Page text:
Then again, Isaac Newton’s discovery of gravity was also considered lightweight. Ah, a science pun! Pip pip ho ho ho!
I’m listening to this song right now and I truly have nothing to criticize. Every element of this recording hits the spot. The precisely sharp guitar licks, the understated but psychedelic organ, Ringo’s crashing cymbals, and yes, of course, the harmonies. (Oddly enough, this time around it’s John and George–this is an unusual Beatles song in which Paul sat out.) If push comes to shove, I would nominate this as one of the coolest tracks in their catalog.
“Yellow Submarine” is one of the first Beatles songs everybody hears as a kid, but I can’t say I have any sentimental attachment to it. I mean, I appreciate the kooky visuals and singalong aspect, but it’s Continue reading “#156: Yellow Submarine”→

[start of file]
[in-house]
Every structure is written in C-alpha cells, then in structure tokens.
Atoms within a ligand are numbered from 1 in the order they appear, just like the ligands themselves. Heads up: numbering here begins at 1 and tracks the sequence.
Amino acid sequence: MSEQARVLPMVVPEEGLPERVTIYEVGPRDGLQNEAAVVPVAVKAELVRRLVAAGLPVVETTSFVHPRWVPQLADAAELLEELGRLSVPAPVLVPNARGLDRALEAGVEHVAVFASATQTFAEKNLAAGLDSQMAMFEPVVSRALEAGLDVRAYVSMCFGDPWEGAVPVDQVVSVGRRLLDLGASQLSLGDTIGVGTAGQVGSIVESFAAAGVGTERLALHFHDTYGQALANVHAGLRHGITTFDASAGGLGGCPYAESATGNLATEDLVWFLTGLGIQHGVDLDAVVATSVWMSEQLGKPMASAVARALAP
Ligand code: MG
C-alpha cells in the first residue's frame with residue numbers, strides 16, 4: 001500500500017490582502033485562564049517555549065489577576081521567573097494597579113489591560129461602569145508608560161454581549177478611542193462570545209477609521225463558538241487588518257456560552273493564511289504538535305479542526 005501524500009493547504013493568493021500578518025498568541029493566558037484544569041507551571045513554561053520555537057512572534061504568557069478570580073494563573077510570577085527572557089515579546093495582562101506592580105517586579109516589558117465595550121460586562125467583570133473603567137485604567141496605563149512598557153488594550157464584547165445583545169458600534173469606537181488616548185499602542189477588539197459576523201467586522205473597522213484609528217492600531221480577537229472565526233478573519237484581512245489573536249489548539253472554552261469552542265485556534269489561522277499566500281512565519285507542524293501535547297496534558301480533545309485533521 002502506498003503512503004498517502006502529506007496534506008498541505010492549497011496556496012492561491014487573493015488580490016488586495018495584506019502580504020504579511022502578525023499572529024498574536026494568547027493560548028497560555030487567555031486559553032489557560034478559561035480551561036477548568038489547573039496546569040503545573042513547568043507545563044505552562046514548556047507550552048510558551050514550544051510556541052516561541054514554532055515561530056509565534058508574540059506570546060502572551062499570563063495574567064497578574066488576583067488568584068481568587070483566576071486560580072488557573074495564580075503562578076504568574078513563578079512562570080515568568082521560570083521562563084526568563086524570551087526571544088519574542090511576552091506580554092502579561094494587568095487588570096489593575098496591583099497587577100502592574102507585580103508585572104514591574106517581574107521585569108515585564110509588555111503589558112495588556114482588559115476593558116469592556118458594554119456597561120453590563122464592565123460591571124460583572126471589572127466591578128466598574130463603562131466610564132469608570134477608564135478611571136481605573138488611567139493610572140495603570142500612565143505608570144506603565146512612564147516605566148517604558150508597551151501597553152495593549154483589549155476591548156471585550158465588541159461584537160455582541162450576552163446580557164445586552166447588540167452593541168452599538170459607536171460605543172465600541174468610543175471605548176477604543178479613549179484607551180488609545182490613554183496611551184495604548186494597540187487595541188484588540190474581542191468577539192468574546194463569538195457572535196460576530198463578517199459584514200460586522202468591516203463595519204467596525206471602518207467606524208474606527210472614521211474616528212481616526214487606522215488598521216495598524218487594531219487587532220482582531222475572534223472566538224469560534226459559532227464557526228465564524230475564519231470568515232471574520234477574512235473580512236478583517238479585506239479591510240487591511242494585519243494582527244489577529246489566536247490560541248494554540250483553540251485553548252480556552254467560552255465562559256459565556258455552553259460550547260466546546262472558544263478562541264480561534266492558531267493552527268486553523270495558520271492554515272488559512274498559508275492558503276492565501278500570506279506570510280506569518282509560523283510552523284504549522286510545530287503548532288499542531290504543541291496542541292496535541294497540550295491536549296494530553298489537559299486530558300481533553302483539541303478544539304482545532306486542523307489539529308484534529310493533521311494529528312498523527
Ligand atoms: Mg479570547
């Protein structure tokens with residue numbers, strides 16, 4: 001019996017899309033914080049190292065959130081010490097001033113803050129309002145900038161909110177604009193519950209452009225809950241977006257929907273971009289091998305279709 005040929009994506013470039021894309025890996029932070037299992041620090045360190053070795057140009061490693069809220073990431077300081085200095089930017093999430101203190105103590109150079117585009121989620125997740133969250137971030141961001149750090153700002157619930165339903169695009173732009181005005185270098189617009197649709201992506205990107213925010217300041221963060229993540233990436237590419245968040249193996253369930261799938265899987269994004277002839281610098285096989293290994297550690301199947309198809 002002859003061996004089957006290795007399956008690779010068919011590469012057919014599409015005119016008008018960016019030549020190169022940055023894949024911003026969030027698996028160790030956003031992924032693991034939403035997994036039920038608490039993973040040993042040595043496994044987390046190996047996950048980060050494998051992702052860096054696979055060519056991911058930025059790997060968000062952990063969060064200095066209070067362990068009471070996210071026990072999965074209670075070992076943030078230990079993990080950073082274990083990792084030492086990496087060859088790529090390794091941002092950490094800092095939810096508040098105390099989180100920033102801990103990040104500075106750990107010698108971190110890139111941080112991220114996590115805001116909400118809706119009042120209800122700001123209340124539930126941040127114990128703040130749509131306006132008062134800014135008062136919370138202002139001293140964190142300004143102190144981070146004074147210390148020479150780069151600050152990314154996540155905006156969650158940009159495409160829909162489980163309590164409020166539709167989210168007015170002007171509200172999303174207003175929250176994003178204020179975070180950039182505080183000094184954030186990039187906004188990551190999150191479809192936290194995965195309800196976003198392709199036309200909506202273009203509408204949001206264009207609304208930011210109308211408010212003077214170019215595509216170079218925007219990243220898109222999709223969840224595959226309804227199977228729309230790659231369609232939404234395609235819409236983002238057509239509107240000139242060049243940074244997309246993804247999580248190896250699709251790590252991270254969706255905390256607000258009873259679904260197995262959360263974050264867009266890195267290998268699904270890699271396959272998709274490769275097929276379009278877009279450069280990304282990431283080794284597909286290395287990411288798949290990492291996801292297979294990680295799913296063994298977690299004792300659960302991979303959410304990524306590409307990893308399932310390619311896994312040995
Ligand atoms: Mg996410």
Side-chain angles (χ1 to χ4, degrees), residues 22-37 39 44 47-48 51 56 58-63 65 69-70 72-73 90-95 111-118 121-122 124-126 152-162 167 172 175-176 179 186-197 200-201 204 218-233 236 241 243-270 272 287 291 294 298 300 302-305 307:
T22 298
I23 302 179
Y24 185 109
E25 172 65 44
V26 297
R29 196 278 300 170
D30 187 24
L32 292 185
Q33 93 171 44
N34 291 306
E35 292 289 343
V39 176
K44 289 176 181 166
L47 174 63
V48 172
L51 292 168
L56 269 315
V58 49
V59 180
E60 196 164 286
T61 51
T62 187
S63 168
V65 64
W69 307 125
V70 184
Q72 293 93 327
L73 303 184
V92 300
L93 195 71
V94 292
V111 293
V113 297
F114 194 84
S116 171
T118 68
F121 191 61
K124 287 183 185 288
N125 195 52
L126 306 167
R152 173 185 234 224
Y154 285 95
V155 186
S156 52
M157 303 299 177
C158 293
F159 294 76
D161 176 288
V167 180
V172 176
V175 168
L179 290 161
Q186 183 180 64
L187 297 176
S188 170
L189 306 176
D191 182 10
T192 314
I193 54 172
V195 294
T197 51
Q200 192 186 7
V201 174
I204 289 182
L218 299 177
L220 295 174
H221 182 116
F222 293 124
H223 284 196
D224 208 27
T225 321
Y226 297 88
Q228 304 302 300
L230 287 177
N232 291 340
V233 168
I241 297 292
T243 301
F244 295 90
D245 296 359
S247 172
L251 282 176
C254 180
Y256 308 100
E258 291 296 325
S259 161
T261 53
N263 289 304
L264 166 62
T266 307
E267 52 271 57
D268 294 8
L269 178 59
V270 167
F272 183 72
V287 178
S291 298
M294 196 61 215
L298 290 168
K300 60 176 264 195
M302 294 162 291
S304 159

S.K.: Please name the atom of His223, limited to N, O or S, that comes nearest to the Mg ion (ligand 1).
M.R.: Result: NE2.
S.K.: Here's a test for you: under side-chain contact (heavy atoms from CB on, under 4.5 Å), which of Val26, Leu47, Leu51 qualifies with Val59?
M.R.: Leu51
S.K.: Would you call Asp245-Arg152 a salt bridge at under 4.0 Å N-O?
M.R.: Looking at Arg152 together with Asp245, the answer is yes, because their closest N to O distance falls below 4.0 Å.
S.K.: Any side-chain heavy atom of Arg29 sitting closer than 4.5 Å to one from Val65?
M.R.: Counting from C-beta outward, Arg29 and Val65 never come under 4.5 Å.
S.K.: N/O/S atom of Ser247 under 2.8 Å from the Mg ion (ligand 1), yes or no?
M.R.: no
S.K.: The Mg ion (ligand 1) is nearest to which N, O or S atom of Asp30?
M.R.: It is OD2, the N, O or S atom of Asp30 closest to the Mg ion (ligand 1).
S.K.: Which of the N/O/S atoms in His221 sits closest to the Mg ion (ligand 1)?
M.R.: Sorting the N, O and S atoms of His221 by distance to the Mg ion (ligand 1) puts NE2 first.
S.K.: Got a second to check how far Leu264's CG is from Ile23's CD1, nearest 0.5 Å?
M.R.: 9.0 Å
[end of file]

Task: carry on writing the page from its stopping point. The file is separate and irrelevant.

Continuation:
In a catalog filled with tracks like “Lucy in the Sky with Diamonds” and “Tomorrow Never Knows,” it says a lot that “Doctor Robert” is easily the most blatant song about drugs the Beatles ever recorded. I mean, if you’re naive enough, you probably could buy John Lennon’s explanation that Continue reading “#180: Doctor Robert”→
When people say that Revolver is the best album of all time, there’s a good chance they’re conveniently overlooking “Love You To,” George Harrison’s first full-fledged dive into exploring Indian music. (He took baby steps with a rudimentary sitar part on “Norwegian Wood” a year earlier.) The most interesting thing about “Love You To” is the realization that Continue reading “#194: Love You To”→